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Anthony Piccone

Not all Lenders are the same

Monday, February 4, 2013 - Article by: Anthony Piccone - 7th Level Mortgage, LLC - Message

Not all lenders and for that matter brokers are the same. Startling announcement I know, but just what do I mean by that statement. Few too many borrowers actually take the time to investigate the loan officer they are actually dealing with and pretty much stop after a cursory BETTER BUSINESS BUREAU check on the company. Within good companies are pretty horrible loan officers and within bad companies are some pretty good Loan officers ( If you are one of the good ones - I want to talk to you). So how are you the borrower supposed to tell the good companies from the bad and the good LO's from the not so good ones?

Here are just a few thoughts (this is not all encompassing, and I am sure will invite various points of view) they are however my observations after 20 yrs within the business managing and mentoring a couple of hundred of them.

First, lets start with the companies. The age old argument of Broker vs Lender, in my opinion is an irrelevant argument or litmus test, BOTH have strengths and weaknesses. I have operated in both capacities and with the changes that have taken place since 2008, the main difference anymore is compensation and how it gets disclosed. I can argue both sides of the coin, Lenders will tout "we have in house underwriting" (not always a good thing, most intermediate lenders are scared of being able to sell the loans so they OVER condition files and ask absolutely minding boggling dumb questions). On the other hand they can kick out loan approvals in a few days. Personally after being a banker for more then 20 yrs I am more comfortable and get better products, pricing and flexibility without all of the aggravation by being a broker vs being a lender (at least in today's market). My clients are not concerned in the least because it all happens behind the scenes anyway.

Good Company vs Bad? I am a firm believer (you may not be) that smaller is better. More personalized service, only 2 or 3 employees intimately familiar with your loan vs a large company where you are nothing more then a loan number. Smaller more manageable and direct interface with our customers seems to fit our business model. Again, it seems like I speak to a lot of folks who went to BIG BANKS for that .125% rate differential (in most cases it may not even be that much) in the beginning of the process to find out they are 120 days into the process and oh by the way - the rate changed mid stream (discounting market movements and all else being equal).

Good Loan Officer vs Not So Good Loan Officer? In my opinion, this is where the rubber meets the road - if you happen upon an order taker (derogatory term used within the industry for a not so good loan officer), you could be in for an expensive and not so pleasant experience. Check to make sure your loan officer is NMLS Licensed not just registered! Have they passed their tests? Are they individually licensed in each state they are writing loans for? Do they have any other accredited titles in the Mortgage industry? How long have they been writing loans? Have they ever processed, underwritten or closed a loan ( as in were present to take you through your loan documents)? All serious questions that will give you insight as to their depth of knowledge about the products and services they are offering. Here is a tip - call a loan officer at a BIG BANK and they literally could have been flipping pizza 6 weeks ago - today they are advising you on mortgage products and qualifications? Really? Ask for references and ask for more then 3.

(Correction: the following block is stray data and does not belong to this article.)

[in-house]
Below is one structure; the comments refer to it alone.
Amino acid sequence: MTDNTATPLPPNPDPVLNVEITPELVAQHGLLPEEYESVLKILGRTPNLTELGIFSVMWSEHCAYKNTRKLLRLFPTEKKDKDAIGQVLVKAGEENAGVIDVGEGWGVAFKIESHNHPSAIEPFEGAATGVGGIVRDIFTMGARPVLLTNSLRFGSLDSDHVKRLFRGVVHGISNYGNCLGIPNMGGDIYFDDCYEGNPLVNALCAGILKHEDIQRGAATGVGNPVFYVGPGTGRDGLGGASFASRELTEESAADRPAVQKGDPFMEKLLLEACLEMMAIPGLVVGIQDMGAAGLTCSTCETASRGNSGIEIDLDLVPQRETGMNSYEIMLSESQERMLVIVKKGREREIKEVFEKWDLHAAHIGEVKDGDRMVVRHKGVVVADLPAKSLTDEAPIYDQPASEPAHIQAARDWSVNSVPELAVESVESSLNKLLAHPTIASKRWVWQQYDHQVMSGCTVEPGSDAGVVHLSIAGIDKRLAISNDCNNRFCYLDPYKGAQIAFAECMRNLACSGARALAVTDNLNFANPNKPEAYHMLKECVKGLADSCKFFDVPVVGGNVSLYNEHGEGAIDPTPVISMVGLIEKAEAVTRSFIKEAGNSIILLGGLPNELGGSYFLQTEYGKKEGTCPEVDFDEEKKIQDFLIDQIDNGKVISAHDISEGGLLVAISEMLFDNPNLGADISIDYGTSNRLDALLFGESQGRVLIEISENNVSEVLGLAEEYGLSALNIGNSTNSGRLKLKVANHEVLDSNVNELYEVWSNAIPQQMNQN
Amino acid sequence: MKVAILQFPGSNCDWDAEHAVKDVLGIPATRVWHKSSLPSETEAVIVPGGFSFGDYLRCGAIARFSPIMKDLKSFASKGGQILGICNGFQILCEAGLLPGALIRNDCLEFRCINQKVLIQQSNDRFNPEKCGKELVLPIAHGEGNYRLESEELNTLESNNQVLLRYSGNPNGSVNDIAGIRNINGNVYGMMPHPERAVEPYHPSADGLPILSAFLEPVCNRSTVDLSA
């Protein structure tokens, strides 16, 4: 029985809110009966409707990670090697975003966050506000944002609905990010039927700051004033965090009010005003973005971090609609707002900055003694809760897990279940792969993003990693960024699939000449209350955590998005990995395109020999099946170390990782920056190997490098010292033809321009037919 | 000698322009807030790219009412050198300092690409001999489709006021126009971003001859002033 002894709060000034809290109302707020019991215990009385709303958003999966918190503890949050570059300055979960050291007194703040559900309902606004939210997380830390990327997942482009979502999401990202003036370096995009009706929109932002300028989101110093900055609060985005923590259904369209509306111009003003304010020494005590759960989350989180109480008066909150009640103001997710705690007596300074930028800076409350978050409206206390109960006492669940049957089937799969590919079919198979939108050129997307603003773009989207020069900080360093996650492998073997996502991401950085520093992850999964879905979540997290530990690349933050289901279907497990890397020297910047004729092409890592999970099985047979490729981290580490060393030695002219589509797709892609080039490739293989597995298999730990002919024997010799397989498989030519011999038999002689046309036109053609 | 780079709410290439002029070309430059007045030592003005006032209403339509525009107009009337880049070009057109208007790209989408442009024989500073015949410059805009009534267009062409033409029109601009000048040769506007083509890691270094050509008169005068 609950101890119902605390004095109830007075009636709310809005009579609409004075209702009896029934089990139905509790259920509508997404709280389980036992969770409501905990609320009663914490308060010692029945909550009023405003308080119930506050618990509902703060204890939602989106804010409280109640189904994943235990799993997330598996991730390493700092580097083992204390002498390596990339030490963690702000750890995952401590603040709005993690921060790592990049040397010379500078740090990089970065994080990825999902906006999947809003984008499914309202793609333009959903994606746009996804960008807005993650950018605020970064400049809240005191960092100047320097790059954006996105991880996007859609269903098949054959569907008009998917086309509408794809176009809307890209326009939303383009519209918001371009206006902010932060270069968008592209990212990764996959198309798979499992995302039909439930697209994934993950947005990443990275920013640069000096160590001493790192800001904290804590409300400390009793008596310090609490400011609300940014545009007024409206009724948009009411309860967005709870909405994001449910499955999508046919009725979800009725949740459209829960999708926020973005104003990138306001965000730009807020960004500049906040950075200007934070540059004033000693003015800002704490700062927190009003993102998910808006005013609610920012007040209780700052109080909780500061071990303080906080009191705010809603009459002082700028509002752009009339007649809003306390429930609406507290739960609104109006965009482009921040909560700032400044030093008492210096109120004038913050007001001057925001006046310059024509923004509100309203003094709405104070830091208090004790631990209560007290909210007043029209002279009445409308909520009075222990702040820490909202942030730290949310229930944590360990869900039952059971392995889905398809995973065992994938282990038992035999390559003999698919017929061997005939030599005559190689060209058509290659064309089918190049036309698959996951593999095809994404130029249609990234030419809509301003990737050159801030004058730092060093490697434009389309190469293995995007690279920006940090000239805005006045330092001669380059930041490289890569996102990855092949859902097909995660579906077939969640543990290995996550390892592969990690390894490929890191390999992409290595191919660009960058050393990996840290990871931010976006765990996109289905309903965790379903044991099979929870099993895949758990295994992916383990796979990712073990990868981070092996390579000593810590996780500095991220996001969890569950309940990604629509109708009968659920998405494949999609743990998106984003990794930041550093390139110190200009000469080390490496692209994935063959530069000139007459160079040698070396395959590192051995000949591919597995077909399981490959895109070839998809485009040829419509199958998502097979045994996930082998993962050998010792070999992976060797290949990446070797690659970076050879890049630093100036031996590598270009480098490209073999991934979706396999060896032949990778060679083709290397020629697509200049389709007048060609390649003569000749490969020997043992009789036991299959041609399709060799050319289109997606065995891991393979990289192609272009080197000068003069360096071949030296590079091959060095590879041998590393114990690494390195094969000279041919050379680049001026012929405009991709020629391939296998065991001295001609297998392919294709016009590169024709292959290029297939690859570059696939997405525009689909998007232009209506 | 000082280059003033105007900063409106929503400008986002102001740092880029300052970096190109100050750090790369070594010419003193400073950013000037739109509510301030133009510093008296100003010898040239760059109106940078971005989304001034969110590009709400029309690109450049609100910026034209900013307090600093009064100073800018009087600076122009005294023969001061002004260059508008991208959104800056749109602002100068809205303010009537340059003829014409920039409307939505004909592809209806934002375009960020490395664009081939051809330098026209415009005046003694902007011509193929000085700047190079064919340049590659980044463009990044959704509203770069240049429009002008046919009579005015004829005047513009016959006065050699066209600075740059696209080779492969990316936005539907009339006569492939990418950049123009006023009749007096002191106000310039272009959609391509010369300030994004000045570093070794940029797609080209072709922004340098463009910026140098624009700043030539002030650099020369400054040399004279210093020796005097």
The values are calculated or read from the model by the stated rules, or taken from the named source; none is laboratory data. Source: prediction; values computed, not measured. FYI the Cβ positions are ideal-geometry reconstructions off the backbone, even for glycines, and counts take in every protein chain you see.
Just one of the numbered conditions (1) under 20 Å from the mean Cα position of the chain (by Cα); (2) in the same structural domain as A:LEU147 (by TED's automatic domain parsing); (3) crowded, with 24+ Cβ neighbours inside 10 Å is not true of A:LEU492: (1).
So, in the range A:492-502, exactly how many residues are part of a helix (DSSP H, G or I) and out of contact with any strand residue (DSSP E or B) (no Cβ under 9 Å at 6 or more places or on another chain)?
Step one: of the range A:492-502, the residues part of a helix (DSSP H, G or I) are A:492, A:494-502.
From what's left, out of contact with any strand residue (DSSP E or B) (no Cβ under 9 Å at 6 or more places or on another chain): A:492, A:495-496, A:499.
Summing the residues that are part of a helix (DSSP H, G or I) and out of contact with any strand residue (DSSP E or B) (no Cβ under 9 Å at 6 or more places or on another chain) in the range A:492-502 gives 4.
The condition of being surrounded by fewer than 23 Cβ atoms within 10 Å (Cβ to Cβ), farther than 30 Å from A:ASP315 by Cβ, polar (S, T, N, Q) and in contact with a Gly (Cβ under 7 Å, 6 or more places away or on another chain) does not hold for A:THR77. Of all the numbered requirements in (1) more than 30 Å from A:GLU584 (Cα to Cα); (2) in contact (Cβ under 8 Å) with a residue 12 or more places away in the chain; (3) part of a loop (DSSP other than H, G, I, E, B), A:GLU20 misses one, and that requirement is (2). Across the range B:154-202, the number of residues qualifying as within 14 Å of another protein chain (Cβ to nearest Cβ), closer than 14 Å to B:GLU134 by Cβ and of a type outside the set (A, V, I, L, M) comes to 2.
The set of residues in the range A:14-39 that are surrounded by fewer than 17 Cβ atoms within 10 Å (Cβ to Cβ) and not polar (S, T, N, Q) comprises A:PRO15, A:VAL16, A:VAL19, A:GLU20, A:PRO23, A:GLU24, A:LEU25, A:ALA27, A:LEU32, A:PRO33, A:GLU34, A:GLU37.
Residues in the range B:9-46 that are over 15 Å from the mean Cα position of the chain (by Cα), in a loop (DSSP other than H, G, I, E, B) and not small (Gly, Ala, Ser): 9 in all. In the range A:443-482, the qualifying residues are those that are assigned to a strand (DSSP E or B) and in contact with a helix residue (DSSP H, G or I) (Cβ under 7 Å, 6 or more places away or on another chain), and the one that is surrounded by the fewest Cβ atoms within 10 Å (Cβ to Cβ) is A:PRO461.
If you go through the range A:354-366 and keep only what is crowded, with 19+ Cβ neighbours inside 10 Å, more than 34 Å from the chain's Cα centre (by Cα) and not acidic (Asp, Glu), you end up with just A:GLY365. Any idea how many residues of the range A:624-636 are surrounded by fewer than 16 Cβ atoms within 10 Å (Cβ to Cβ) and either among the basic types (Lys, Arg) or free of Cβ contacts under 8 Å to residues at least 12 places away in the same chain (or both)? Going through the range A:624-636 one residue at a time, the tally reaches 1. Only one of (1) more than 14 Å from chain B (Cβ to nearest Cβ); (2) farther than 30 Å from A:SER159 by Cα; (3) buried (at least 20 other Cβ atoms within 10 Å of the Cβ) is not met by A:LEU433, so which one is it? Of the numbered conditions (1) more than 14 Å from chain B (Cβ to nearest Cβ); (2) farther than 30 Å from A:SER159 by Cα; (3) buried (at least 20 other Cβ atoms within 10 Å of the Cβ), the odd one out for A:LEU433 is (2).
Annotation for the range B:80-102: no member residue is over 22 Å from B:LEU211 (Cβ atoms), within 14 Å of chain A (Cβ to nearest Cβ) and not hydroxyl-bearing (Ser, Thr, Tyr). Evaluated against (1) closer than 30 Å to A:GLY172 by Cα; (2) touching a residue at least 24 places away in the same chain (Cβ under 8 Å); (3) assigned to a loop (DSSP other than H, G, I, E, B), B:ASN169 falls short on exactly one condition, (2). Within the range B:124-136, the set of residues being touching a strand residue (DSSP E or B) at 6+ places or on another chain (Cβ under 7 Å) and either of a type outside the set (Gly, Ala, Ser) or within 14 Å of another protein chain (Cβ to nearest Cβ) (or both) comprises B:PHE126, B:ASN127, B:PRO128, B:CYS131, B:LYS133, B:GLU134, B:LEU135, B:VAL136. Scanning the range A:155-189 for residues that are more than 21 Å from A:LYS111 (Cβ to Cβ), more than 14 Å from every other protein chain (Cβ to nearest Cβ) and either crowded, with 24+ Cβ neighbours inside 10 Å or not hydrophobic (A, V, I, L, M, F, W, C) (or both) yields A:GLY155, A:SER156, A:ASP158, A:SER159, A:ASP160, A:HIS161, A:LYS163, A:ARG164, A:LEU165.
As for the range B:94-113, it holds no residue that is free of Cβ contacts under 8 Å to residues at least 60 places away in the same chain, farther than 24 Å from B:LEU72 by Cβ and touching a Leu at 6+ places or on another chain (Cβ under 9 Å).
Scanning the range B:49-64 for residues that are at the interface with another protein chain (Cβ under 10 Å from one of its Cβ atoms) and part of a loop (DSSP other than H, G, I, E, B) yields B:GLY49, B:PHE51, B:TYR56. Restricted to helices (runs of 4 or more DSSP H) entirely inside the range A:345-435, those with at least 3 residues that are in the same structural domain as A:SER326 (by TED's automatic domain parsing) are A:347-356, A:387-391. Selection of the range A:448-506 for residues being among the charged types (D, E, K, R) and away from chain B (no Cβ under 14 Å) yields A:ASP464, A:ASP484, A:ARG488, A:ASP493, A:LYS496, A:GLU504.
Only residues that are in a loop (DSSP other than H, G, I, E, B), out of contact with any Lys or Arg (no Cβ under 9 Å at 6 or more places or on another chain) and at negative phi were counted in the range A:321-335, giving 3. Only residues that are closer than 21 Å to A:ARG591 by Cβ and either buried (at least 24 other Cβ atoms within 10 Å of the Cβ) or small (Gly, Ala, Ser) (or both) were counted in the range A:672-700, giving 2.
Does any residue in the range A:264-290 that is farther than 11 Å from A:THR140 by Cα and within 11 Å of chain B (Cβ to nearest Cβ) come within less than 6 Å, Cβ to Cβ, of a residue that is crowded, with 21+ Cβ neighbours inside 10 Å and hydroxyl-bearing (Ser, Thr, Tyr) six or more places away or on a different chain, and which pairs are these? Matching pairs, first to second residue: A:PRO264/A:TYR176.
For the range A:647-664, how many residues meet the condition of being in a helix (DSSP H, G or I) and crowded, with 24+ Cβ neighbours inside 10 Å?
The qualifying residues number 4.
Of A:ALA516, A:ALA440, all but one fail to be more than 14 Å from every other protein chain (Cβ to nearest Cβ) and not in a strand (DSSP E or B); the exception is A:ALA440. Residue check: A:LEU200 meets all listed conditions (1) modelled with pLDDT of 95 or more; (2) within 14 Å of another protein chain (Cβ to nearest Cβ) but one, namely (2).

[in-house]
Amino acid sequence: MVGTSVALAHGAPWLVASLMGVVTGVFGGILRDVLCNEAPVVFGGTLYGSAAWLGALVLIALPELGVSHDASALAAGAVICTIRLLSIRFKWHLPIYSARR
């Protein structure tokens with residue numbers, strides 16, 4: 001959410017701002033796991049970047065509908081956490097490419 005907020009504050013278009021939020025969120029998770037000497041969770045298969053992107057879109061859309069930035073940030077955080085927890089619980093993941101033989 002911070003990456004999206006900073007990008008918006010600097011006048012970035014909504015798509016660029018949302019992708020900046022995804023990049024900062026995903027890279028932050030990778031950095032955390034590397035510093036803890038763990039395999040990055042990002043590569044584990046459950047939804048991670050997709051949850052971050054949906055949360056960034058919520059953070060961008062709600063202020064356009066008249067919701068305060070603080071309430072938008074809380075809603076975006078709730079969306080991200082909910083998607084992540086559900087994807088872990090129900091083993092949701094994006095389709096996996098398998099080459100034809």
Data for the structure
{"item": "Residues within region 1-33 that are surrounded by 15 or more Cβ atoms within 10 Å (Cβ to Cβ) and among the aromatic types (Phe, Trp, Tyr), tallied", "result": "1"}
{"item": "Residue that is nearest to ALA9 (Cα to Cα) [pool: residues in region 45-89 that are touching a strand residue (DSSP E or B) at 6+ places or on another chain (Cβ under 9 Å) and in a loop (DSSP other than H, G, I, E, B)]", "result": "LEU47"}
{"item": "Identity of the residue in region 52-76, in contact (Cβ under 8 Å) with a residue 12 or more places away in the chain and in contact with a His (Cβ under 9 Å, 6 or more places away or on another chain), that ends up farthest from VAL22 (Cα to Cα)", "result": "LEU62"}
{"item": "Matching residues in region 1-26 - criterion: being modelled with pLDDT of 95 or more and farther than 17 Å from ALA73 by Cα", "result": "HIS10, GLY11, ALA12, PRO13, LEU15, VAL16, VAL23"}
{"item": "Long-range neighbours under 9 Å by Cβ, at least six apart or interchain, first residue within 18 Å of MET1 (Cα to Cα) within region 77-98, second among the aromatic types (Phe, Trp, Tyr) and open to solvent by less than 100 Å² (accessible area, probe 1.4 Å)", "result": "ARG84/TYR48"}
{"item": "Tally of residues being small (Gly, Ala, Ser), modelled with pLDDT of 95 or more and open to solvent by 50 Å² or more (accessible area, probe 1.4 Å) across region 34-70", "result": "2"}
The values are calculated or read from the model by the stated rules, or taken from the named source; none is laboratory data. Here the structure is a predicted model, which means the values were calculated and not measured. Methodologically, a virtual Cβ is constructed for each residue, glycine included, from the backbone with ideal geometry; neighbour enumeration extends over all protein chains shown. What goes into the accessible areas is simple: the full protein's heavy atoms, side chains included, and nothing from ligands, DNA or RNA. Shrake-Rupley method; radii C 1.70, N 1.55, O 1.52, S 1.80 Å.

When evaluating where to send your business, be leery of the Low ballers and loan floaters on interest rates. Folks, most rates are within .125 to .375% and fees should range between $595 and $895. If someone other then a BIG BANK is offering rates that are head and shoulders better then everyone else - your DANGER WILL ROBINSON button should be going off like crazy. Yes even with all the regulations out there - there are some companies still offering low ball rates that they have no intention of delivering - ask everyone you talk to if you can lock in the rate they quote you on the DAY they quote it to you for at least a 30 day period. IF the answer is in anyway shape or form NO - run away.

So in closing, there are good companies and good people just standing by to help you and provide you with excellent service and rates - don't be so quick to believe what you are told by a rep on the phone, do your own due diligence, listen to your gut, and remember you get what you pay for - that extra .125% you wanted so desperately could wind up costing you alot more then that in time, money and aggravation.

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